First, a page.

My original euphoria quickly wore off as I started experiencing severe nausea, feeling the world spinning around and around… I became extremely disoriented, not knowing where I was or what was happening to me. My usual sharp brain and quick mind was starting to fail me, and the worst part of it all was that I was totally aware of it…

My body ached all over. The headaches and foot pain specifically intolerable. I was totally uninterested in any type of adventure or experience. Yet for my parents sake I feigned interest In topics that have interested me before life changed everything…

My parents saw right through my façade and asked me what the matter was.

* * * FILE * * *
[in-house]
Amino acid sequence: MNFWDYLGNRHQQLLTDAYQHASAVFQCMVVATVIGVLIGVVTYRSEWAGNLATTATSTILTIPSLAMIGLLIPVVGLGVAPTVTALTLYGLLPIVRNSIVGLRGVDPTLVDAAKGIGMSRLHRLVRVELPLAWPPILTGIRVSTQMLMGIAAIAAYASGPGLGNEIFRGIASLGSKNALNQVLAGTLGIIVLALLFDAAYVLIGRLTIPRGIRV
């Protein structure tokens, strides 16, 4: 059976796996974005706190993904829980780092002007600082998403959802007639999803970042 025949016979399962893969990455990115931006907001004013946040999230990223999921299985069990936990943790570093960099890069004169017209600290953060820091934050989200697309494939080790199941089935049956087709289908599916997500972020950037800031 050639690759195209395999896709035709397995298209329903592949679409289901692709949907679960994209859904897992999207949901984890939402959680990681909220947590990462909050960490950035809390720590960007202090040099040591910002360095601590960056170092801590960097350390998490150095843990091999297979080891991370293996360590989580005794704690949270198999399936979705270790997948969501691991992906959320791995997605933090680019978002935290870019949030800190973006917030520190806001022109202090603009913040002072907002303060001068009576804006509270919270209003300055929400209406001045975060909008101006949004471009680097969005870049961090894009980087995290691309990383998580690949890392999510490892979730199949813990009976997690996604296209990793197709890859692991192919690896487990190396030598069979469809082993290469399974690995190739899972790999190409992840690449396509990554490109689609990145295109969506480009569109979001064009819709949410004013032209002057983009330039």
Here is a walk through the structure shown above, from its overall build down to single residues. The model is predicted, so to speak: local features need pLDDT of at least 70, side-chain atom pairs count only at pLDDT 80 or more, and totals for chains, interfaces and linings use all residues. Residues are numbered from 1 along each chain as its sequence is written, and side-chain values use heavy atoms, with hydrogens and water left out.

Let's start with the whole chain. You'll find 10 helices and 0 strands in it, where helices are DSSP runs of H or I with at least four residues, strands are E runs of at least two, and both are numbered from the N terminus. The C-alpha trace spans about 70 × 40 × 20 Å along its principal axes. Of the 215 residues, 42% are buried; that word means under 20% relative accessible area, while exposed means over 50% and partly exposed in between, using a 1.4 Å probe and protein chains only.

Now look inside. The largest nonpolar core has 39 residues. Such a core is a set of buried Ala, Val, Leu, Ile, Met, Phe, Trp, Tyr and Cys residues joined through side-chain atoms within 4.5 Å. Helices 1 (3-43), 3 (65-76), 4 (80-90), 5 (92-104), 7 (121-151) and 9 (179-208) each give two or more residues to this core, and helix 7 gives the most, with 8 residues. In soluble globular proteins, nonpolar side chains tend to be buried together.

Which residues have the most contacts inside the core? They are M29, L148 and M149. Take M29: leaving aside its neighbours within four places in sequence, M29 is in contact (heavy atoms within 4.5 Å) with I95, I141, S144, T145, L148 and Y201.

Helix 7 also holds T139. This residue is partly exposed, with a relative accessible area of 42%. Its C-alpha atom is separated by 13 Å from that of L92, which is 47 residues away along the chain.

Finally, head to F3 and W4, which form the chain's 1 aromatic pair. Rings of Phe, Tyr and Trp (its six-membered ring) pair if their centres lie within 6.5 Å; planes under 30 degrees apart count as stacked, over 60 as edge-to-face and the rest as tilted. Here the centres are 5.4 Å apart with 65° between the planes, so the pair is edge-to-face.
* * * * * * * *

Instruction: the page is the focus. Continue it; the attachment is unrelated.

I told them all about my suffering. The extreme pain and nausea, accompanied by terrible brain fog and memory loss.

I saw the raw pain in their eyes, seeing their one and only daughter in agony surely was pure torture for them.

One fine day during our vactaion, we were eating out at an upscale restaurant. I couldn’t partake in the delirious meal since I had no appetite, additional to my recent many symptoms.

I remember precisely where I was sitting and what the kids and my parents had eaten.

My moms cellphone vibrated and she picked it up quickly, so I assumed that it mustn’t be your run of the mill telemarketing call.

“Yes,” she said slowly, her voice low and face scrunched up in concentration. “I am Sarah’s Mom,” she said, twisting her diamond ring around her finger.

My curiosity was piqued as I realized that it must be something related to me.

“I would love to hear the results, doctor,” mom said, her voice barely audible it was nearly a whisper.

Dad’s coke dropped to the floor, glass clattering on the elegant marble floor.